The tsunami that rocked the eastern coast of Japan on March 11 of this year was captured by high-frequency radar in California and Japan as it rocked in from the epicentre of the earthquake. This is the first time that a tsunami has been picked up by radar and raises new possibilities for the early detection of tsunamis.
Professor John Largier is an oceanographer at the University of California, Davis, Bodega Marine Laboratory and an author of a paper that looks at the capture of the Japanese tsunami that appears in this month’s issue of the journal Remote Sensing.
“It could be really useful in areas such as south-east Asia where there are huge areas of shallow continental shelf,” said Largier, who along with his colleagues at the Bodega Marine Lab have been using high-frequency radar to study ocean currents for the last 10 years.
Togeher with collaborators from Hokkaido and Kyoto universities in Japan and San Francisco University in the States, Largier used data from radar sites at Bodega Bay, Trinidad, California, and two sites in Hokkaido, Japan, to look for the tsunami before it reached the coast.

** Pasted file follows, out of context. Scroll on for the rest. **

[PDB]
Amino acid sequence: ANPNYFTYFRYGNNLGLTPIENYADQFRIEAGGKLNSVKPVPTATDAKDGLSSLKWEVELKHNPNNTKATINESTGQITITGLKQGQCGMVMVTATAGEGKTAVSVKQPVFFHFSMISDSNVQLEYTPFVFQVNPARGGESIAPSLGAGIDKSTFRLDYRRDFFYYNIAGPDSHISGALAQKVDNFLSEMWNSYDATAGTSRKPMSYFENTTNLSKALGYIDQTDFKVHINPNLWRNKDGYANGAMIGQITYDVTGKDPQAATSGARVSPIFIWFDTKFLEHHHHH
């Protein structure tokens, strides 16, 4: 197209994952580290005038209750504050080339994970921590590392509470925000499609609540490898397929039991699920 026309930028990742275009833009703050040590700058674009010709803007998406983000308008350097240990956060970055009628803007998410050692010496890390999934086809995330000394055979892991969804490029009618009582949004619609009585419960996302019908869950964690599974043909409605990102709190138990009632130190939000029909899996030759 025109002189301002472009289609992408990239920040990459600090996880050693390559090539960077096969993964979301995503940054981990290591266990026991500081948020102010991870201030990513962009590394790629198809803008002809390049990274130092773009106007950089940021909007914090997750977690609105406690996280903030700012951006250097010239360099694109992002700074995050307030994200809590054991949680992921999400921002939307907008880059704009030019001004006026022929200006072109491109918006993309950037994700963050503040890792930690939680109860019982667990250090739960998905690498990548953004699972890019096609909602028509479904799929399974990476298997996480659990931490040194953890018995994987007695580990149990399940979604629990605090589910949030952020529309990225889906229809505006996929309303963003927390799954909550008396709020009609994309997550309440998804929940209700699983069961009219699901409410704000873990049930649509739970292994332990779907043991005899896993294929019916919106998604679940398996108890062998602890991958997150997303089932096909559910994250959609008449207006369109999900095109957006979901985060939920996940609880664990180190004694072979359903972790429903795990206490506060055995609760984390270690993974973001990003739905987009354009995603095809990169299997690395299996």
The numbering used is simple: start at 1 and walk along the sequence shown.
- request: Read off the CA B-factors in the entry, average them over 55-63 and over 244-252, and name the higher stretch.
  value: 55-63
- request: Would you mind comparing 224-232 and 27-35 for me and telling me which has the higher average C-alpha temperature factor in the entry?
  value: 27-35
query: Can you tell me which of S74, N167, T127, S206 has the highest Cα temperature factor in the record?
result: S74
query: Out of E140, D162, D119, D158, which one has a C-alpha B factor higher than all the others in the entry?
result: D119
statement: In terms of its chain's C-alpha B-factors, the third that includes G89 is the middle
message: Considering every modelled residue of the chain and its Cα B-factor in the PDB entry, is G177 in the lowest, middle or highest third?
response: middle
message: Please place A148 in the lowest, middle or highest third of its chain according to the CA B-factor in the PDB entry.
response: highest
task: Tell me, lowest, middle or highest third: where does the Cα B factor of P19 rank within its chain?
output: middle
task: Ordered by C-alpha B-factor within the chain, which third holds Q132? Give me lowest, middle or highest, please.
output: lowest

The scientists found that, while they could not pick up the actual tsunami wave itself, which is small in height while it’s out at sea, they were able to find evidence of the tsunami once it entered shallower coastal waters over the continental shelf.
The continental shelf off the California coast is quite narrow, and is already well-monitored by pressure gauges. But for locations such as the East Coast of America or Southeast Asia, radar detection could be a good way to provide an early warning system for tsunamis.